What Are a Landlord & Tenant’s Obligations to Each Other?

Landlords and tenants depend upon each other: One requires space to live or operate a business, and the other provides it in exchange for monthly rent. Landlord-tenant relationships exist everywhere you look, and most – by far – exist under a lease that outlines each party’s obligations to the other.

Whether outlined in a lease or not, though, landlords and tenants owe each other certain key obligations that anyone who considers themselves to be either party should know. Keep reading below to learn more about these key obligations.

What Landlords Owe to Tenants

Tenants are protected by a number of rights that landlords must be careful to observe. In most cases, these rights exist to protect tenants against financial exploitation and protect their health and safety while occupying a space on the landlord’s property.

Security Deposits

Landlords are legally permitted to require the tenant to submit a security deposit upon occupation of the dwelling or business space. The security deposit is separate from the monthly rent, and its purpose is to protect the landlord in the event the tenant breaks or violates the lease.

Landlords in Rhode Island can’t require a security deposit that is greater than a month’s worth of rent. Also, landlords must not withhold the security deposit upon a tenant’s vacancy and must return it within 20 days after the tenant has vacated and provided a forwarding address.

Condition of the Premises

If a landlord is in charge of a residential rental property, he or she is responsible for ensuring it is in good condition. This means that the landlord has provided safe heating, electrical, and plumbing equipment, as well as garbage bins or dumpsters. Landlords are also responsible for keeping common areas like patios, stairs, hallways, etc. safe and clean.

A landlord has an obligation to maintain the premises and they must comply with all building codes and meet the housing standards of the Rhode Island Housing Maintenance and Occupancy Code. It is also the landlord's responsibility to make sure all electrical, plumbing, sanitary, heating, and other facilities (and appliances provided as part of the rental agreement) are kept in operable condition and meet housing code standards. When a landlord is not complying with a rental agreement the tenant has the right to terminate the lease agreement. For minor repairs under $125 a tenant can make the necessary repairs and deduct the cost from the rent to be paid the following month. There are very strict advance notification requirements owed to the Landlord under either option and any self-help repairs must good enough to pass State and local housing and building codes.

What Tenants Owe to Landlords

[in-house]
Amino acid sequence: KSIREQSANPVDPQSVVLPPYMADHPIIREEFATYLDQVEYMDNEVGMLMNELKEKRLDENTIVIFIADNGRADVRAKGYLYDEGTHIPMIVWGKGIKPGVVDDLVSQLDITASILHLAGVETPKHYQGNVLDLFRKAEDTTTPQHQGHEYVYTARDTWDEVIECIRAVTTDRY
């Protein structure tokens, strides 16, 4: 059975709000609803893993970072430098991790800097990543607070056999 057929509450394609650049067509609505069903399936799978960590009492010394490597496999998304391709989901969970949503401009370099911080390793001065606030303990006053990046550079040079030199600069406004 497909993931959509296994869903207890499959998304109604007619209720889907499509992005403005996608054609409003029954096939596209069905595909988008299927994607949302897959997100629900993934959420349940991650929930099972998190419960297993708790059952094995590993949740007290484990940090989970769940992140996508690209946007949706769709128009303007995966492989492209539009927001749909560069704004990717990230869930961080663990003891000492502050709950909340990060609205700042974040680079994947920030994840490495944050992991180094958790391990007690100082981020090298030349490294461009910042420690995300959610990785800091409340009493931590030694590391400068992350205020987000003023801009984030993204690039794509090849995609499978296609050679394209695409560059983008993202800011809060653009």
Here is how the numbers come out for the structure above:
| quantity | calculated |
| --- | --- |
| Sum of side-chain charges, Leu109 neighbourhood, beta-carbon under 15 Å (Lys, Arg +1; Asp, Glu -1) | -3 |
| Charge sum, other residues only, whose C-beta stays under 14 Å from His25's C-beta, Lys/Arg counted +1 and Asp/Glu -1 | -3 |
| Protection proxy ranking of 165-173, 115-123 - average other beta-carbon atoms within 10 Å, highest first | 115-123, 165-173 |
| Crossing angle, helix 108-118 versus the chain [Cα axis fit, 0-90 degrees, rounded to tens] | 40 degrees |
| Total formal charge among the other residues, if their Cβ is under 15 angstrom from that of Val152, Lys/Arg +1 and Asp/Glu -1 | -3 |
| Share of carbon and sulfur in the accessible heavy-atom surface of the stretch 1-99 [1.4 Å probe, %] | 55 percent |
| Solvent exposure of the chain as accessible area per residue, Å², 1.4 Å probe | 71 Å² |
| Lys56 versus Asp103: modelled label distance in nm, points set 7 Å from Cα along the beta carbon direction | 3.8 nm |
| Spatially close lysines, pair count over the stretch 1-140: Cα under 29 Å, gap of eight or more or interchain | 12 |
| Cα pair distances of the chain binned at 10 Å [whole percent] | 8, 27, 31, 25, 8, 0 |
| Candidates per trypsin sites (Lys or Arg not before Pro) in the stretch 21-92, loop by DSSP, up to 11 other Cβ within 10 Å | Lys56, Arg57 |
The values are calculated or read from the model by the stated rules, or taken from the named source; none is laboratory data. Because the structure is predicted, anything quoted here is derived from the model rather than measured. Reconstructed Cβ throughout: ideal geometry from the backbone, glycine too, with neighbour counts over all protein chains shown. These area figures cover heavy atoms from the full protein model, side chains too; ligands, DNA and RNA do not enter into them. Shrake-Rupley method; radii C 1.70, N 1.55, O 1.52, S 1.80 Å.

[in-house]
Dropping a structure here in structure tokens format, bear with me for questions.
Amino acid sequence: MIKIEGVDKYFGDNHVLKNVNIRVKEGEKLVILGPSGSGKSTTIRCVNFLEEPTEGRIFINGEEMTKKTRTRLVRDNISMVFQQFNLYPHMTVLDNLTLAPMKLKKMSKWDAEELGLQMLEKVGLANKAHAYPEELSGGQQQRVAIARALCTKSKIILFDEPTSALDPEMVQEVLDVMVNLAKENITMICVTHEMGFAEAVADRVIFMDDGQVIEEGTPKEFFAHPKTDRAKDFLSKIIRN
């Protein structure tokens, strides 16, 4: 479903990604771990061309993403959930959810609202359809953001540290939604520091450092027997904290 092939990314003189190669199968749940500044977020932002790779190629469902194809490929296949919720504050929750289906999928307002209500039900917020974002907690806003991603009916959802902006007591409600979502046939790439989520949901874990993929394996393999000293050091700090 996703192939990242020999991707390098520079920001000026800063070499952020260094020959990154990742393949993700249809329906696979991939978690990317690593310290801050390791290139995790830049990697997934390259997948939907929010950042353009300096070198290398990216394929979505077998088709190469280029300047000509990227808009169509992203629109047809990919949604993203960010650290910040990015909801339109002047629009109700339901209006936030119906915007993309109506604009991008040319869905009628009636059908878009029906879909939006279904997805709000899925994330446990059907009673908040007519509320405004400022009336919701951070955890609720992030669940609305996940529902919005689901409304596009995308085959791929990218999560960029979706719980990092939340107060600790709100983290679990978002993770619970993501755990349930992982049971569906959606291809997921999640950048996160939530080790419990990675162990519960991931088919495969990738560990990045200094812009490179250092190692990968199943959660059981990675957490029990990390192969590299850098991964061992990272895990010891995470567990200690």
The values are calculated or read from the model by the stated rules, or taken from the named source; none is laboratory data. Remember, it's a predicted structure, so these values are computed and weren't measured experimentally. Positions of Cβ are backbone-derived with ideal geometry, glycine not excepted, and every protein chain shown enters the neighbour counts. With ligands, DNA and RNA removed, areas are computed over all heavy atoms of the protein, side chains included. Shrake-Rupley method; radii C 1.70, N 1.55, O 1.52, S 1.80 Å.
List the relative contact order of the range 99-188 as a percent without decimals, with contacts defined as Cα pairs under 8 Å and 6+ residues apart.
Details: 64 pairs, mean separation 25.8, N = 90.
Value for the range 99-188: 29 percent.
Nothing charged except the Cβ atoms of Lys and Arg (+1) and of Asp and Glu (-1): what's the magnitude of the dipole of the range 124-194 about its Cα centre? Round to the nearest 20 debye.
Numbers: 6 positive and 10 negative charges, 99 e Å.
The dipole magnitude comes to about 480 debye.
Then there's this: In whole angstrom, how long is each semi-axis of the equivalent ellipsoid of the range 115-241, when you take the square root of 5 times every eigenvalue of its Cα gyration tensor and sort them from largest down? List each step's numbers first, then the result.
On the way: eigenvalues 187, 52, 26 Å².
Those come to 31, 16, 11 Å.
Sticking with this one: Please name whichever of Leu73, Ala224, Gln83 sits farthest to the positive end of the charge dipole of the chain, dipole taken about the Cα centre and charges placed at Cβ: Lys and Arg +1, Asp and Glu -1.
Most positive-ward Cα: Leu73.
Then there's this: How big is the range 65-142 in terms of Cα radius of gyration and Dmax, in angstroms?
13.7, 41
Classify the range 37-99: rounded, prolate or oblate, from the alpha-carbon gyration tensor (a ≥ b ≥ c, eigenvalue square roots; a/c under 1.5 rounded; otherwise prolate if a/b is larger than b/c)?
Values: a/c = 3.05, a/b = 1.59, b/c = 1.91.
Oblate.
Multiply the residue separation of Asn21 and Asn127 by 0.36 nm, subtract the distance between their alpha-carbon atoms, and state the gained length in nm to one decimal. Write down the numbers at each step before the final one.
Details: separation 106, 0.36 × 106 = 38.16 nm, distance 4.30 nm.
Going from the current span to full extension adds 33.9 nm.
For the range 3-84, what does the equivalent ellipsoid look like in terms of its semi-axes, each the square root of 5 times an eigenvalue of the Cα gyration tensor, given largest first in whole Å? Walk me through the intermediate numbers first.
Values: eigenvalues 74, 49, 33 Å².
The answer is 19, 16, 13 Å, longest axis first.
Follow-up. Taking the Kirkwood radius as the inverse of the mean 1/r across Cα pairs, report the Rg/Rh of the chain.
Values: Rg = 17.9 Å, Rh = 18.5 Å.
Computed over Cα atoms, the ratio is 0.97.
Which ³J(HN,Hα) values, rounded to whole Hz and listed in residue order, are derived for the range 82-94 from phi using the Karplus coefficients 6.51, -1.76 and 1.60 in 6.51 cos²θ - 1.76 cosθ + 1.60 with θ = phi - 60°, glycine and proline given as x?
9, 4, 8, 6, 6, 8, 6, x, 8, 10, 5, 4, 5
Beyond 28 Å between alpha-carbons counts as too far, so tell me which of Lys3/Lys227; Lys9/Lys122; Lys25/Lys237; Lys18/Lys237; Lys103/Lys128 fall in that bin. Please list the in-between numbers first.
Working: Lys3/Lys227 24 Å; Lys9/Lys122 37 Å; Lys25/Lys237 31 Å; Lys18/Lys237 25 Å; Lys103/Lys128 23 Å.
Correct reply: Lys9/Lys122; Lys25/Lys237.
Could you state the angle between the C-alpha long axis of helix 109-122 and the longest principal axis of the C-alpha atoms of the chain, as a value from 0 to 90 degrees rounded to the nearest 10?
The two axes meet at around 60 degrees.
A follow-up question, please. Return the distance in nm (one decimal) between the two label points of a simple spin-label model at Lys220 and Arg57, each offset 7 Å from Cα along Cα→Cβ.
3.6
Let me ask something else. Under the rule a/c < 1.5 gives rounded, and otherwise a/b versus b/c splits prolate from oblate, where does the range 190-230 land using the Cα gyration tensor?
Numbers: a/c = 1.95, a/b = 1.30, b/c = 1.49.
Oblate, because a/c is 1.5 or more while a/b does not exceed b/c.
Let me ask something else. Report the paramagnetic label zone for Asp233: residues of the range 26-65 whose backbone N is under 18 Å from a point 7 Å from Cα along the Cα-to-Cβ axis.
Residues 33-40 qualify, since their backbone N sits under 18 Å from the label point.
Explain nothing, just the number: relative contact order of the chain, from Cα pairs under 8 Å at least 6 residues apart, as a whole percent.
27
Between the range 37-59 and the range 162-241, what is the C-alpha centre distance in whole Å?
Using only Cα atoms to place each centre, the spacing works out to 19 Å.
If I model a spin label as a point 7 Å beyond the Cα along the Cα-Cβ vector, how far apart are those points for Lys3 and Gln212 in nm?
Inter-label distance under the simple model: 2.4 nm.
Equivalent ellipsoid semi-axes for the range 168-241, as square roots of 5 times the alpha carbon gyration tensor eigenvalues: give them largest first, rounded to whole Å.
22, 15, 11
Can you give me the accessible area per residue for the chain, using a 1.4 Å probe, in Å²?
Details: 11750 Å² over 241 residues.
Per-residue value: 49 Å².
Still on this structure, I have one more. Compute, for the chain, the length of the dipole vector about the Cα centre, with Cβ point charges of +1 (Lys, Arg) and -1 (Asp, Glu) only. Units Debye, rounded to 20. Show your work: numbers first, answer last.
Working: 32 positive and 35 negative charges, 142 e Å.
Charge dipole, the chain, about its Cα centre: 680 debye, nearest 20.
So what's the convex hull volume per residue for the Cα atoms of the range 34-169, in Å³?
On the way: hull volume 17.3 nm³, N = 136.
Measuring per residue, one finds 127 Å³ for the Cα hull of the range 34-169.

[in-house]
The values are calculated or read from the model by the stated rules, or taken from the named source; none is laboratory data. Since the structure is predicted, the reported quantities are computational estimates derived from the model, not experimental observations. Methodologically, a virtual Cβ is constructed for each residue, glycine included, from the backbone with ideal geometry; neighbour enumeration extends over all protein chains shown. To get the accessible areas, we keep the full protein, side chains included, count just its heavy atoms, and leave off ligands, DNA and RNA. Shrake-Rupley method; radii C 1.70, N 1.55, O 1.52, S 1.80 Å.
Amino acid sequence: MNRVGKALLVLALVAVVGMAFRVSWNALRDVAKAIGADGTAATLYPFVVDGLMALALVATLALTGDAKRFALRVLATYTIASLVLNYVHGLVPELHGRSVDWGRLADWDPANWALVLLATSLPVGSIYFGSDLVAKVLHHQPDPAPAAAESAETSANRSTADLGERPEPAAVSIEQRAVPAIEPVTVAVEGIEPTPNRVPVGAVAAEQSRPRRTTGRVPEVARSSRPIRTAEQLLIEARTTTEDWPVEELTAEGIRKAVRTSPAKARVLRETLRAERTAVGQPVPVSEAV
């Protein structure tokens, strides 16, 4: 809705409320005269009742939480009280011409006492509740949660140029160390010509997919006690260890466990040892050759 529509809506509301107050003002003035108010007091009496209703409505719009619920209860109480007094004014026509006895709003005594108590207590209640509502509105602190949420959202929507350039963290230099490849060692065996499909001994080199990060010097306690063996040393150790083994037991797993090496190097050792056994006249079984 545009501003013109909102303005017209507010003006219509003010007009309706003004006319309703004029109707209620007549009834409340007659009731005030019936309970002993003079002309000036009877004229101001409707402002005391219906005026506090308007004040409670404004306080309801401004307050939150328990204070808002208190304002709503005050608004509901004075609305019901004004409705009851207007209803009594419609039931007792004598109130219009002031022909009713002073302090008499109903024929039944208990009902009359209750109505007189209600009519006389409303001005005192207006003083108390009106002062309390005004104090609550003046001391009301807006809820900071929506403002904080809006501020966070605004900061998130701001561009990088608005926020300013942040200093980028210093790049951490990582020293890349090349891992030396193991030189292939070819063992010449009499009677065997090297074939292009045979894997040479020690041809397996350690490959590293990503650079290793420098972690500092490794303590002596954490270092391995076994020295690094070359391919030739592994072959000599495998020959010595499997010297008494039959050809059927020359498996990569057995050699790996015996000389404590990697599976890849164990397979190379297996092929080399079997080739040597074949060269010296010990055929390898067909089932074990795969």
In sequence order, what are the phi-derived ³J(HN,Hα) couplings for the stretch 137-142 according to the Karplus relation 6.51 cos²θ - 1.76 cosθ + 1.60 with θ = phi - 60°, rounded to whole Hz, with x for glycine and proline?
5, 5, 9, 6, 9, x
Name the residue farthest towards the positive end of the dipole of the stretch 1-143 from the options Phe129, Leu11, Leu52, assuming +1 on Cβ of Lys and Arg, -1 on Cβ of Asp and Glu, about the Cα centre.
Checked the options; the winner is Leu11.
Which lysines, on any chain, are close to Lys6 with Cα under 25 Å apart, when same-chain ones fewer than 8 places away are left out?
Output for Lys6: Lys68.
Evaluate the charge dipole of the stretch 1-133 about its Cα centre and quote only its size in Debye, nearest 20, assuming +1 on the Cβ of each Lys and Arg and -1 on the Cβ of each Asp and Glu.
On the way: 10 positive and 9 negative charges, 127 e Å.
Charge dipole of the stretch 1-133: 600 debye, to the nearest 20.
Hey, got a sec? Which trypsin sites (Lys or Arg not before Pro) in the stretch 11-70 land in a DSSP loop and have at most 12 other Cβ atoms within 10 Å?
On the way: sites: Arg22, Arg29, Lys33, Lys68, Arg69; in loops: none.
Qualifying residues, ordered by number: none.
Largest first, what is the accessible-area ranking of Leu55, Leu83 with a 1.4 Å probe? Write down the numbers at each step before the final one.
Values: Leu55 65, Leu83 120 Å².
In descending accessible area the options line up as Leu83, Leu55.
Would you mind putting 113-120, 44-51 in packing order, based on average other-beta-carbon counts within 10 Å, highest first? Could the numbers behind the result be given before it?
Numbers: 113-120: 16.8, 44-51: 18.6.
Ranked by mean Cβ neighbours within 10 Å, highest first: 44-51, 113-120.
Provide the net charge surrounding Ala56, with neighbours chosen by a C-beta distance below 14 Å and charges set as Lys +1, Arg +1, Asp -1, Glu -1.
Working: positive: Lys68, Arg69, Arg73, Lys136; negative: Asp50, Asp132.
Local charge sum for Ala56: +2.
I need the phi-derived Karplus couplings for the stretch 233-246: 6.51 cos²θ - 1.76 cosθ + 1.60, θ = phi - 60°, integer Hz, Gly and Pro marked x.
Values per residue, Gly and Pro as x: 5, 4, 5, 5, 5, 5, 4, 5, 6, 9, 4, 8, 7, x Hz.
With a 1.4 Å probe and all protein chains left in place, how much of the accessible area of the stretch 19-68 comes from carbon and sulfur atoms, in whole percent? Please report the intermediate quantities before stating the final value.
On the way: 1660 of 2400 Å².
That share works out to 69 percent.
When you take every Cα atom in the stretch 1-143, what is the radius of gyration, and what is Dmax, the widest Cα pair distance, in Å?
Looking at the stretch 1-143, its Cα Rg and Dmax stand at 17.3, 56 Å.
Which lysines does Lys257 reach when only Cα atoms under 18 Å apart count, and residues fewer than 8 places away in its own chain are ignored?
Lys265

Tenants also have several key obligations to their landlords. Failing to keep up with the obligations can provide the landlord with a reason to go to court and request the right to evict a tenant from the premises.

Full Rent Must Be Paid On Time

Unless otherwise agreed to or arranged with a landlord, tenants are responsible for providing the full amount of rent stated in their lease by its monthly due date. If a tenant is renting space on a month-to-month basis after their lease expires, they are still obliged to pay rent according to the original arrangement until a new lease is offered.

Tenants Are Responsible for Damage/Failing to Maintain Premises

Although landlords must provide a space that’s in good condition, tenants are responsible for keeping it in good condition. This means that tenants must repair any damage caused by themselves, guests, children, or pets. Tenants are also responsible for keeping the premises in a clean and sanitary condition, which includes removing garbage and cleaning up messes that could cause bad smells or even damage to the unit.

Tenants should also report issues like problems with the electrical or plumbing systems, or pest infestations, as soon as possible so that the landlord can intervene to maintain a habitable environment.

Tenants Must Provide Forwarding Address

Tenants are required to provide their landlord with their forwarding address after they vacate the premises. This is so that the landlord can locate them to return the remainder of their security deposit or send an invoice for the repair of any damage to the premises.

Do You Need Legal Assistance?

If you are involved in a landlord-tenant legal dispute, let The Law Office of Steven J. Hart help. Our capable attorney has many years of finely honed legal experience and skills that can be applied to your unique situation.

Learn more about what we can do for you by contacting us online today!

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